to threatening behaviors. Nevertheless, immersion intovarious cultures of violence, including involvement with a troubled peer group or identification with violentgroups, could promote antisocial and threatening A 12-year-old boy with severe anxiety and social skills deficits was behaviors; the psychiatrist should delve into these severely teased throughout elementary school. One boy kicked his potential issues during the interview. In some cases, backpack, and another teased him as having a nerdy backpack. Later in Bcontagion[ and Bcopycat[ dynamics can also occur, as the day, H. said, BI_m going to get a gun and kill those kids.[ in a recent episode involving two students planning to Children and adolescents who threaten others attack a school and creating a journal that frequently frequently have histories of being intensely teased J. AM. AC AD. C HIL D AD OLESC. PSYCHIATRY, 47:8 , AUG UST 2008 Copyright @ 2008 American Academy of Child and Adolescent Psychiatry. Unauthorized reproduction of this article is prohibited.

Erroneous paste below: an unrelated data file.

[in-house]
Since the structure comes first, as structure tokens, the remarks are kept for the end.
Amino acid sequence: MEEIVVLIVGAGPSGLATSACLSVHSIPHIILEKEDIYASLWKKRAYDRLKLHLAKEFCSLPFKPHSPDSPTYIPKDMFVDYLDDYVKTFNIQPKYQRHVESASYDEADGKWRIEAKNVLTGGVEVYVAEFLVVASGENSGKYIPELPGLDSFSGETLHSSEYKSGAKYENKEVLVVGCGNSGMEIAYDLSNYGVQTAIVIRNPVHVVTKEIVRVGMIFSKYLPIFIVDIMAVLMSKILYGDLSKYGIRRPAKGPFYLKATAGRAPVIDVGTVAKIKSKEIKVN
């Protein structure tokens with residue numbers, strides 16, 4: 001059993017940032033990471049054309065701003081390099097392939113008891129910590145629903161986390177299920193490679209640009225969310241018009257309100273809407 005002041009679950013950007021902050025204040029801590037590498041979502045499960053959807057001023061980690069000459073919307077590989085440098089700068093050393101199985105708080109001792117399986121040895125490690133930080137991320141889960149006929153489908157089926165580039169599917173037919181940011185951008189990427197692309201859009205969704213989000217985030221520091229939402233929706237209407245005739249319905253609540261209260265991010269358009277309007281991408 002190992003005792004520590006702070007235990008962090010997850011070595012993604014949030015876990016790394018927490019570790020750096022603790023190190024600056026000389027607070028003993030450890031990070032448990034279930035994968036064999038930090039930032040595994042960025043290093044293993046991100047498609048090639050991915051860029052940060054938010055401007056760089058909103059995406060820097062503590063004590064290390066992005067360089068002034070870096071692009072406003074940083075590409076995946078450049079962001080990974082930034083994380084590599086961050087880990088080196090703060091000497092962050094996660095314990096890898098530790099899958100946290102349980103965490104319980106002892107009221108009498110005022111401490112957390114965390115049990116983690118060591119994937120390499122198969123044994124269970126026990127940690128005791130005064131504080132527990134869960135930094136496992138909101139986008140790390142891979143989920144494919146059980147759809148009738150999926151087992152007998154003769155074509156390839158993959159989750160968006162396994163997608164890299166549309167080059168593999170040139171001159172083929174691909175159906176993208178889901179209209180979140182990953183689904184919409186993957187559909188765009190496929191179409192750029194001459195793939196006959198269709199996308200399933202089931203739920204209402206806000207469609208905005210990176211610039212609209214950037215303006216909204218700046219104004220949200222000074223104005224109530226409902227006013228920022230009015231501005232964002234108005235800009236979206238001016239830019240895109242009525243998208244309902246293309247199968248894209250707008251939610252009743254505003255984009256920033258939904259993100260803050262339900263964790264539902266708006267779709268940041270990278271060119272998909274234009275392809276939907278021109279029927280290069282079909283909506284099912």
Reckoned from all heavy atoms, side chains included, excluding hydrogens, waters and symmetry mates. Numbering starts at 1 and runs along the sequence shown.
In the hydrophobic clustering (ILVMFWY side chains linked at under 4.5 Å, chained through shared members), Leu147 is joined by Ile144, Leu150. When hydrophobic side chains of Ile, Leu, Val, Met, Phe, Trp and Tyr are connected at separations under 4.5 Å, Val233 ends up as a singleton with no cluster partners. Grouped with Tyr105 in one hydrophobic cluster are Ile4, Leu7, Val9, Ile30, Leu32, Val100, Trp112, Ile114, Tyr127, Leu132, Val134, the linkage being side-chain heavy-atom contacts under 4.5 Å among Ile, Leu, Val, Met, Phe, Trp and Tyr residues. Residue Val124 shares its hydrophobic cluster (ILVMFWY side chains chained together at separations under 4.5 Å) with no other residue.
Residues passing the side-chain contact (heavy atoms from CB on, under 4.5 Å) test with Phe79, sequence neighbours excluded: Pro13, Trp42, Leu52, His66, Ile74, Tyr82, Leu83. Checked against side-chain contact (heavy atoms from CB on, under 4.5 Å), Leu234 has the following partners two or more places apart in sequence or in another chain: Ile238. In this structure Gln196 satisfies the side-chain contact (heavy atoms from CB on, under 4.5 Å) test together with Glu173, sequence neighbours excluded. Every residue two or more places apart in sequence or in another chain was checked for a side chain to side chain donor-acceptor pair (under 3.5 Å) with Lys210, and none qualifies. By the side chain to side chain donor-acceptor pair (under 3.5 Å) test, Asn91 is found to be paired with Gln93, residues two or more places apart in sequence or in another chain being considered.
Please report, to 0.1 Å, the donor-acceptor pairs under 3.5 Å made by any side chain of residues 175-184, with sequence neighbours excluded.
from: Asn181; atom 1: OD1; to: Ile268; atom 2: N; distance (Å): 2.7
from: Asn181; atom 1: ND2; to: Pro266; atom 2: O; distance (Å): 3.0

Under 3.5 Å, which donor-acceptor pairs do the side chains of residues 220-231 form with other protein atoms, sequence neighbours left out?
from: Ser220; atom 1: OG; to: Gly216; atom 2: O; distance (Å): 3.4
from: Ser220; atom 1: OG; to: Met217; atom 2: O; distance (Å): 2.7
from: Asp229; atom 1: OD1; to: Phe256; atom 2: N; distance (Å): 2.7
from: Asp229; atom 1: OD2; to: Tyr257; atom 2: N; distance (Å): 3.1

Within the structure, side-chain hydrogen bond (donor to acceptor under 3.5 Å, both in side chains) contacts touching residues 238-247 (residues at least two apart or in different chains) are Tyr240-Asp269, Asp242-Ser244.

prolonged suspension or expulsions, it may be difficult As was the case for Jeffrey Weise, a number of the for the student catch up on course work. College school shooters committed suicide or attempted to do applications may be ruined by notations on a student_s so. In students referred for threats, depressive symptoms and suicidal ideation may also be present, and a careful School suspensions lasting many months may end up assessment of mood is essential. The close ties between serving no purpose beyond displaying administrative externalized aggression and aggression against the self enforcement of Bzero tolerance[ school policies and may were originally highlighted in an earlier psychoanalytic in fact be problematic. Such policies may discourage literature emphasizing disturbances of ego function in classmates from coming forward to make such dis- aggressive children. From this perspective, intense closures.5 For some students with academic and social emotions of self-hate become organized into highly difficulties, suspension and home tutoring may lead to resistant defenses against the world around them (i.e., improved scholastic functioning and reduced stress projection).16 These concepts were used to explain the levels. The mental health clinician may have a role in dynamics involved in anti-Semitism and genocide and facilitating return to school or appropriate treatment may also be valuable in understanding the mental and education during the course of a suspension, with functioning of children who develop intense fantasies of an eye on helping the child, family, and school return to hatred against fellow students or teachers. The complex a safe and developmentally appropriate relationship.